Plant Science Research Summit

2011 Meeting Summary

The meeting summary, titled The Green Frontier: A Unified Vision for Plant Research, reflects some of the discussions and opinions exchanged during the September 2011 Plant Science Research Summit. The full document can be viewed as a PDF file here:  The Green Frontier: A Unified Vision for Plant Research 

We encourage reactions to this summary document and comments about any issues of relevance to the future of plant science. To submit comments, please “Leave a Reply” here or email PlantSummit@aspb.org.

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2 thoughts on “2011 Meeting Summary

  1. If you look at the way global agriculture evolved, you can clearly see a pattern. The so called farmer wanted to multiply a plant species and made it his staple food (which gives you most calories you are looking for!). Since the days of the first human civilization (Mesopotamian), up till today there are a very few staple food crops, rice, wheat, barley, oat, sorghum and a few millets. Scientists call all these plants ‘grasses’ (more technically, Poaceae). The humans have, never in history, included a non-grass as his ‘staple’ no tomato, nor any dicot for that matter!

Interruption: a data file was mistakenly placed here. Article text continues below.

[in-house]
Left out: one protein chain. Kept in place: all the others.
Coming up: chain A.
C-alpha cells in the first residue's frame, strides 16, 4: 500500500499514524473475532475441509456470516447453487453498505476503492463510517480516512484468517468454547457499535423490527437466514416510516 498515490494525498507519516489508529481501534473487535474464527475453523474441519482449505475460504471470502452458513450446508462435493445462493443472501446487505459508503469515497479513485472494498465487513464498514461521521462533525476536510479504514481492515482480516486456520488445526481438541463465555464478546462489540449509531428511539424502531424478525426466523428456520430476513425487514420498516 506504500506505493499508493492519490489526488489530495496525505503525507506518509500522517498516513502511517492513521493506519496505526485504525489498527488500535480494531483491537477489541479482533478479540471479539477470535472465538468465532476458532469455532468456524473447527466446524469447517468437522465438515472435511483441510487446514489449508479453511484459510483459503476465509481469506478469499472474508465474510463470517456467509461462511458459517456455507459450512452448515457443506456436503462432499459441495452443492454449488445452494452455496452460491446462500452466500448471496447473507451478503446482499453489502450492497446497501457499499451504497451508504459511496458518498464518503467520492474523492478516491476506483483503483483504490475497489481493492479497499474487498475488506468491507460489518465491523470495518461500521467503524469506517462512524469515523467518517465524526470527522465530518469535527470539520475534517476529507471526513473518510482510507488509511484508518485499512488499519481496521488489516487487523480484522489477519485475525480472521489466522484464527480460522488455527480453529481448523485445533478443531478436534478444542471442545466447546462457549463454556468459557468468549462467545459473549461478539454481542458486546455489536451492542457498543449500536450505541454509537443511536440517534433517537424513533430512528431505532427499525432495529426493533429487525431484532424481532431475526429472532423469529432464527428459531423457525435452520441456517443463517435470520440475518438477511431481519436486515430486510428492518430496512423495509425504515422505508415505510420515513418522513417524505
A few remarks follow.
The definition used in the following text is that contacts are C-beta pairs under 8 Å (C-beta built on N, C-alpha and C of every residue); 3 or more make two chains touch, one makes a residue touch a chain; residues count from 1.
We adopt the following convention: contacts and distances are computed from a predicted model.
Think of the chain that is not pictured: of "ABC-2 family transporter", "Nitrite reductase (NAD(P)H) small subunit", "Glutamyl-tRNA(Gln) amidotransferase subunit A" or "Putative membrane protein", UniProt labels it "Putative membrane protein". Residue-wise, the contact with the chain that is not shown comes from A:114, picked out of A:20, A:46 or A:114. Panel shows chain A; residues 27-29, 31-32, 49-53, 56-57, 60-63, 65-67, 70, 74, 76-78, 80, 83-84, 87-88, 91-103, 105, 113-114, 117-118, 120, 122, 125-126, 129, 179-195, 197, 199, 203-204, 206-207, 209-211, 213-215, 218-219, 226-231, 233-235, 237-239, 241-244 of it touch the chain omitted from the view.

So, the global agriculture is but repeated cultivation of these few grasses again and again, no matter what happens to the rest of the plant species. Talking about biodiversity oblivious of this background is but elitism until we have the last mouth to feed!

  2. The most critical area is preservation of plant germaplasm diversity. This is the mission-critical and it may not be glamorous but it is absolutely essential. This is fundamental to all humankind and to ecosystems that we can not envision today but will certainly evolve and emerge. We owe a comprehensive program for this first and above all.

    Then comes deeper understanding of plant and biospheric processes, genetic improvements,characterization and use of genes and traits.

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